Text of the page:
Whiteboard: Counterparty risk

Whiteboard counterparty risk, sweetie

Reading the headlines over the last two days, you could be forgiven for thinking it was 2008 again, and we were still mired in the financial crisis. "Was it all just a dream, Daddy?"

The thumping stock market drop on Thursday was the big news, but the real story is buried in the bond markets. Corporate bond traders were selling like mad during the latter half of the week, but -- unlike their equity counterparts -- they're not buying again. They're not convinced about the recovery, and they want to sit on the sidelines until they know it's real.

One big reason: We're still out of work. Next: We're still not spending. But most urgently: They're worried about Europe. And specifically, they're worried about European banks.

Thing is, European banks are teetering on the edge of a credit crisis every bit as serious as the credit crunch that preceded the collapse of Bear Stearns and Lehman Brothers. If you don't believe me, look at the headlines: "Libor Jumps most in 16 Months;""Short Term Lending Rates Rise;""Counterparty Risk Returns to Haunt Financials."

Sounds familiar, right? Especially that last part, about counterparty risk. Banks in Europe are behaving exactly the same way today as banks in the U.S. behaved after Bear Stearns collapsed and was bought by JPMorgan back in 2008. They're circling around each other, wondering if they can trust each other. Wondering if they can afford to business with each other. Here are some of the questions they're asking:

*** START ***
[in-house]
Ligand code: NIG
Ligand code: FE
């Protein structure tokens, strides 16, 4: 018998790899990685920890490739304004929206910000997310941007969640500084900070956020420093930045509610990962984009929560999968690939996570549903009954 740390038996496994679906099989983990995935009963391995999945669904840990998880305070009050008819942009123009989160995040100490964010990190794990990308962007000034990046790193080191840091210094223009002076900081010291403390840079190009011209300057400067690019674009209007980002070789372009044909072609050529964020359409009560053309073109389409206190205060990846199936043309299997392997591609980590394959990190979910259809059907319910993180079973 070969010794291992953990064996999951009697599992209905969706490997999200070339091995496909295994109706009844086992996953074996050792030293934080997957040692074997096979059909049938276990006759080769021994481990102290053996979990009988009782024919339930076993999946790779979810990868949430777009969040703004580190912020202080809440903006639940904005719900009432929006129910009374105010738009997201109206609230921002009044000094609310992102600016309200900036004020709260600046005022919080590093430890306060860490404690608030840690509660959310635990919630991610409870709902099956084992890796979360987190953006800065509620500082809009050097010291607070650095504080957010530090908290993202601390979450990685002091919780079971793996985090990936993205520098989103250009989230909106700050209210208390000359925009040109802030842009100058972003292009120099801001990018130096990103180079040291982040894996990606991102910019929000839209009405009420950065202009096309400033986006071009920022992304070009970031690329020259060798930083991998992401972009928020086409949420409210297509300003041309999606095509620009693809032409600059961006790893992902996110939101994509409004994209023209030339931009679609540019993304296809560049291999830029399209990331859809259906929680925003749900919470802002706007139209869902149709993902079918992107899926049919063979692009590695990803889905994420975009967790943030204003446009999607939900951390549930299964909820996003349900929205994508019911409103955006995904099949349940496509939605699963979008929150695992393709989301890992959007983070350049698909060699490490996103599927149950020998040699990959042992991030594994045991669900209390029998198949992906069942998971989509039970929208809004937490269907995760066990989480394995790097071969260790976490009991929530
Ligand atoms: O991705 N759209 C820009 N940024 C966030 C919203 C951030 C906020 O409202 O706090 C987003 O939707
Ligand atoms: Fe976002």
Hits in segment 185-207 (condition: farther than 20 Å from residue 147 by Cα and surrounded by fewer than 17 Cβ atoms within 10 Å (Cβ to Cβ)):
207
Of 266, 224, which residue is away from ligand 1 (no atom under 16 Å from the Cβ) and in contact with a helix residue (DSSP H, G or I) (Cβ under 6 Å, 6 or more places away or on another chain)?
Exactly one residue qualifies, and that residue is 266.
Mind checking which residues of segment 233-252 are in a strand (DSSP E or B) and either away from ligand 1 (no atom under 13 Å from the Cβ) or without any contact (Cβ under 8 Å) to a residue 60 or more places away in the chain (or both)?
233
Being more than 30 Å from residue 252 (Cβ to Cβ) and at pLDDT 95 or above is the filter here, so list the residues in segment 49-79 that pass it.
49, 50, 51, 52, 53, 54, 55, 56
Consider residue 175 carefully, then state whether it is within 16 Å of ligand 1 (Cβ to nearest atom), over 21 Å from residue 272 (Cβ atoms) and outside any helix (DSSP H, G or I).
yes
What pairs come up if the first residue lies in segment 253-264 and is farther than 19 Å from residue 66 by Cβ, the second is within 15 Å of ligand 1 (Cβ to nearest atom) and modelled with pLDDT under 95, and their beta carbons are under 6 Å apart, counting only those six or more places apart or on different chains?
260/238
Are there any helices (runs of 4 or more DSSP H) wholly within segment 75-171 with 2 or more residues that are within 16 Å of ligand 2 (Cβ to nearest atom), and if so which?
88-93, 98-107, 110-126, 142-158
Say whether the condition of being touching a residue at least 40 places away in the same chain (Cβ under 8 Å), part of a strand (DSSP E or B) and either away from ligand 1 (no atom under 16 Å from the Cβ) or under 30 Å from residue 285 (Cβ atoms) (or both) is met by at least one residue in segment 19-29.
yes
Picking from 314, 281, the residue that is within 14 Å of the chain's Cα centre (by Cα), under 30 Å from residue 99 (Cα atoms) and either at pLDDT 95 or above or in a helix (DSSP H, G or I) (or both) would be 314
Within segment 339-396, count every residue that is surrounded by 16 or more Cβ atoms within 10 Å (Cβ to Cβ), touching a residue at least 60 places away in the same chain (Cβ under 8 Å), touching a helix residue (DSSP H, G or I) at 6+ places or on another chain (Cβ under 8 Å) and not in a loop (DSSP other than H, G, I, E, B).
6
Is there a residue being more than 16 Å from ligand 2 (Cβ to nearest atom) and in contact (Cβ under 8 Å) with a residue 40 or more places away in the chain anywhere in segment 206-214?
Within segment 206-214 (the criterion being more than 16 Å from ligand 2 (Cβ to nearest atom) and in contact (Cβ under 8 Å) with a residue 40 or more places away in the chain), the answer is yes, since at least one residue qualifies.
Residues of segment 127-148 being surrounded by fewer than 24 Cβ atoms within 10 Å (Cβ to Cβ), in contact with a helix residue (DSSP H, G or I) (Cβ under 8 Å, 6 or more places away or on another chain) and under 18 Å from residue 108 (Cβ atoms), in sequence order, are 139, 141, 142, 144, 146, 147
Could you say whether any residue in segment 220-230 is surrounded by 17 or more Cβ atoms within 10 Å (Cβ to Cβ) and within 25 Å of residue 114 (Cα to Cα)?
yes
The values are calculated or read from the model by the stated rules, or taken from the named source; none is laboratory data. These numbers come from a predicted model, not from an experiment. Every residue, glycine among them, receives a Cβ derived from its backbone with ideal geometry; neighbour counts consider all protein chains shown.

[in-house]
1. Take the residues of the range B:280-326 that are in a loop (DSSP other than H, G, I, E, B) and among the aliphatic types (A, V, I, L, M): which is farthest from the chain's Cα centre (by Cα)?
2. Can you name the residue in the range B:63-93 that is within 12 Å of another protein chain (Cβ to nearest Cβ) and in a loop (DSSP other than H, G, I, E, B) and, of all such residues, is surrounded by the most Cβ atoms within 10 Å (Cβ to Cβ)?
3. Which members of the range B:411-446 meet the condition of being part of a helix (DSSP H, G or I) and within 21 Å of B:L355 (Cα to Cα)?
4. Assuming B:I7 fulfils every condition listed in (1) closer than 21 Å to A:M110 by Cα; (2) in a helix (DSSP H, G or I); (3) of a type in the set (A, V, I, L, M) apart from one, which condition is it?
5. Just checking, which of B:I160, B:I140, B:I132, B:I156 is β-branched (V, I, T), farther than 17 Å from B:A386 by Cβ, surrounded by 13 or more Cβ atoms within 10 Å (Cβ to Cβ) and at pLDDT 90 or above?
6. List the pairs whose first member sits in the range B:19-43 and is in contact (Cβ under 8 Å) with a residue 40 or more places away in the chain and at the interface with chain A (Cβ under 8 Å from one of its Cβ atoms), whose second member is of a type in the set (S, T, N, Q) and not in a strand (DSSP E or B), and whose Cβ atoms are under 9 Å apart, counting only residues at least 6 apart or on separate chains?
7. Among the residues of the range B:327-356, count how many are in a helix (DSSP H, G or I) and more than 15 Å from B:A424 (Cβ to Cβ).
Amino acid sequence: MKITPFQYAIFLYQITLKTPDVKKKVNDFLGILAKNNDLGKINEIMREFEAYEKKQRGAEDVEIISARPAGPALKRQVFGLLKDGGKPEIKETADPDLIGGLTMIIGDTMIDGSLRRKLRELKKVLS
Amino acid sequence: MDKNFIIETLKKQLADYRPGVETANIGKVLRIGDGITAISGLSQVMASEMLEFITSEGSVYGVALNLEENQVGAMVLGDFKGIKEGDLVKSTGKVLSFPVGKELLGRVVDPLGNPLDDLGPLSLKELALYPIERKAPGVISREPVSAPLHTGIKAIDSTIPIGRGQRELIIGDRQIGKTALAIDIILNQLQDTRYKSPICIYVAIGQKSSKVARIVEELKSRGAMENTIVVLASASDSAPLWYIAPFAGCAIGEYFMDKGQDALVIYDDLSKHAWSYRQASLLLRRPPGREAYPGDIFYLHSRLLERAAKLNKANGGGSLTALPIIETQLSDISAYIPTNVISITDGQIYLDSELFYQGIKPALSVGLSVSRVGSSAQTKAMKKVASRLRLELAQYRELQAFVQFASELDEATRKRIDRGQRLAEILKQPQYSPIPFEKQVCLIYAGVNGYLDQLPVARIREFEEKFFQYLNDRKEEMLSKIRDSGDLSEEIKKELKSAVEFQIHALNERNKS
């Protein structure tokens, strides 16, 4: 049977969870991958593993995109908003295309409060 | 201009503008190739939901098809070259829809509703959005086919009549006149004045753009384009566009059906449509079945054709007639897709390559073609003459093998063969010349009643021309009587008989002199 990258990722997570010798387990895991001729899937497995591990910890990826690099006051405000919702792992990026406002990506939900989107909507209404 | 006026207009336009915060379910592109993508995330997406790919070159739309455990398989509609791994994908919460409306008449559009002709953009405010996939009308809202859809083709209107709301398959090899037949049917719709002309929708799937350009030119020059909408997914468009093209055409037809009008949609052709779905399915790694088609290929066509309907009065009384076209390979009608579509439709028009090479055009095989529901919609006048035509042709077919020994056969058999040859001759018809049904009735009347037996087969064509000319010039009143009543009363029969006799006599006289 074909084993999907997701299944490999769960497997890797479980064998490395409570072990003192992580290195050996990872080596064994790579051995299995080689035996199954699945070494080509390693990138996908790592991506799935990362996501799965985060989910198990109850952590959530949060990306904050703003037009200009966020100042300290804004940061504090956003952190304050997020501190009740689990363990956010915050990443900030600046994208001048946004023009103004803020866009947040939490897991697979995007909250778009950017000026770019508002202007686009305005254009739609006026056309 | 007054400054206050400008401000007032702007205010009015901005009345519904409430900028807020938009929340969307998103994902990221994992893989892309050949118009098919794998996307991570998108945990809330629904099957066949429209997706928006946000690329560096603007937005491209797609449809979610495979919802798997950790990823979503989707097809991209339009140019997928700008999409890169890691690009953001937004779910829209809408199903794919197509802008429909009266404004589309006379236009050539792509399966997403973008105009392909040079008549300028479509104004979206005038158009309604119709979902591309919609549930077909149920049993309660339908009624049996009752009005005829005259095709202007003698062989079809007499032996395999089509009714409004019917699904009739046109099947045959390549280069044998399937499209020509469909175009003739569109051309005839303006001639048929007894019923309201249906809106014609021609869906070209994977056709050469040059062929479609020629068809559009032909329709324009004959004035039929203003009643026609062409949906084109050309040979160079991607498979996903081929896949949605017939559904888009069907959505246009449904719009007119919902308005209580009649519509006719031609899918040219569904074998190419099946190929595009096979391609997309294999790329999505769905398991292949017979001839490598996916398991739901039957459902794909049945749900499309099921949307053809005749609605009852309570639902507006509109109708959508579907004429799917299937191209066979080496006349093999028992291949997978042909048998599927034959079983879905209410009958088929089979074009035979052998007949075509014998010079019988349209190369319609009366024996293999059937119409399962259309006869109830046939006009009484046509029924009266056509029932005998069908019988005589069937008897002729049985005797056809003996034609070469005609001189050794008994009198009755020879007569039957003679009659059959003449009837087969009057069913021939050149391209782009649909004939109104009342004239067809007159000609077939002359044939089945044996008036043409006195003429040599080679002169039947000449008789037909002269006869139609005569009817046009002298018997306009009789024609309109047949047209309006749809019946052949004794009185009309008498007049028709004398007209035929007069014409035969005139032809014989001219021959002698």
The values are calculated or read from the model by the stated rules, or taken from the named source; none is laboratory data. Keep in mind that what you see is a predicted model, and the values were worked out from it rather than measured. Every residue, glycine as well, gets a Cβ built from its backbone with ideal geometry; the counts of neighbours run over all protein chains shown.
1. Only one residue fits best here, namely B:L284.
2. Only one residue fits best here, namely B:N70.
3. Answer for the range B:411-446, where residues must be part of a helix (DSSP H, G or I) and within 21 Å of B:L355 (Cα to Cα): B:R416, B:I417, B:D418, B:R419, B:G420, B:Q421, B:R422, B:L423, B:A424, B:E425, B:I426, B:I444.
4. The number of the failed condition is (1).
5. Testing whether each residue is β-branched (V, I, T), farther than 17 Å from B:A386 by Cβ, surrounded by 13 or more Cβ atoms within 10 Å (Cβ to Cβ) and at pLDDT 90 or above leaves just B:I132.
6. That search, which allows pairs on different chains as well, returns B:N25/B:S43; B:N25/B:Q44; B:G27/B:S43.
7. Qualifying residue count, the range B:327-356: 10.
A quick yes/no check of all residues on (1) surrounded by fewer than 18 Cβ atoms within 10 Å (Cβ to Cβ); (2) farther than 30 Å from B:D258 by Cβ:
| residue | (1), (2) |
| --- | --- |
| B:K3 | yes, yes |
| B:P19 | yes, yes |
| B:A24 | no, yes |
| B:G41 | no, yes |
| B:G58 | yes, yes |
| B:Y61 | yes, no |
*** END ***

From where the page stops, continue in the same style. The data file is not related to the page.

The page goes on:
How much Greek sovereign debt does this guy hold?

How much Greek corporate debt does he hold?

For that matter, how much PIIGS debt does he hold?

What about his other corporate debt, how exposed is it to Greece or any other of the PIIGS?

And what about the euro? Is it done for?

Now, before you go thinking this is a European problem, just remember what a bad day we had when the Dow plunged nearly 1,000 points. And Asia's been having a tough time too. A lot of the contagion has to do with fear, but there are some fundamental concerns also, many of which have to do with our own banks. You see, it's a global system, and we all buy each others' debt.

That includes American and Asian banks: the Wall Street Journal has reported that Bank of America told the SEC it had $193 million in exposure to Greece's sovereign debt, and $1.1 billion in non-sovereign debt to the country as of March 31. It said it has $205 million in credit default protection to Greece's sovereign debt. Its total exposure to Greece, Ireland, Italy, Portugal, and Spain was $23.5 billion; it has a total $1.4 billion in credit protection against those countries.

In times like these it's a good idea for banks to come clean about their holdings: it makes it easier for counterparties to trust that they'll get their money back if they lend to them. One of Lehman's problems was that no-one knew how much mortgage-backed debt they had on their books.

There is one problem, of course. Banks are notoriously slippery. The Lehman Repo 105 debacle shows just how slippery they can be. So if a Bank shows you its balance sheet and says "that's all the Greek debt we have," you'd be forgiven for wondering, "Hmmm. I wonder if that's all there is."

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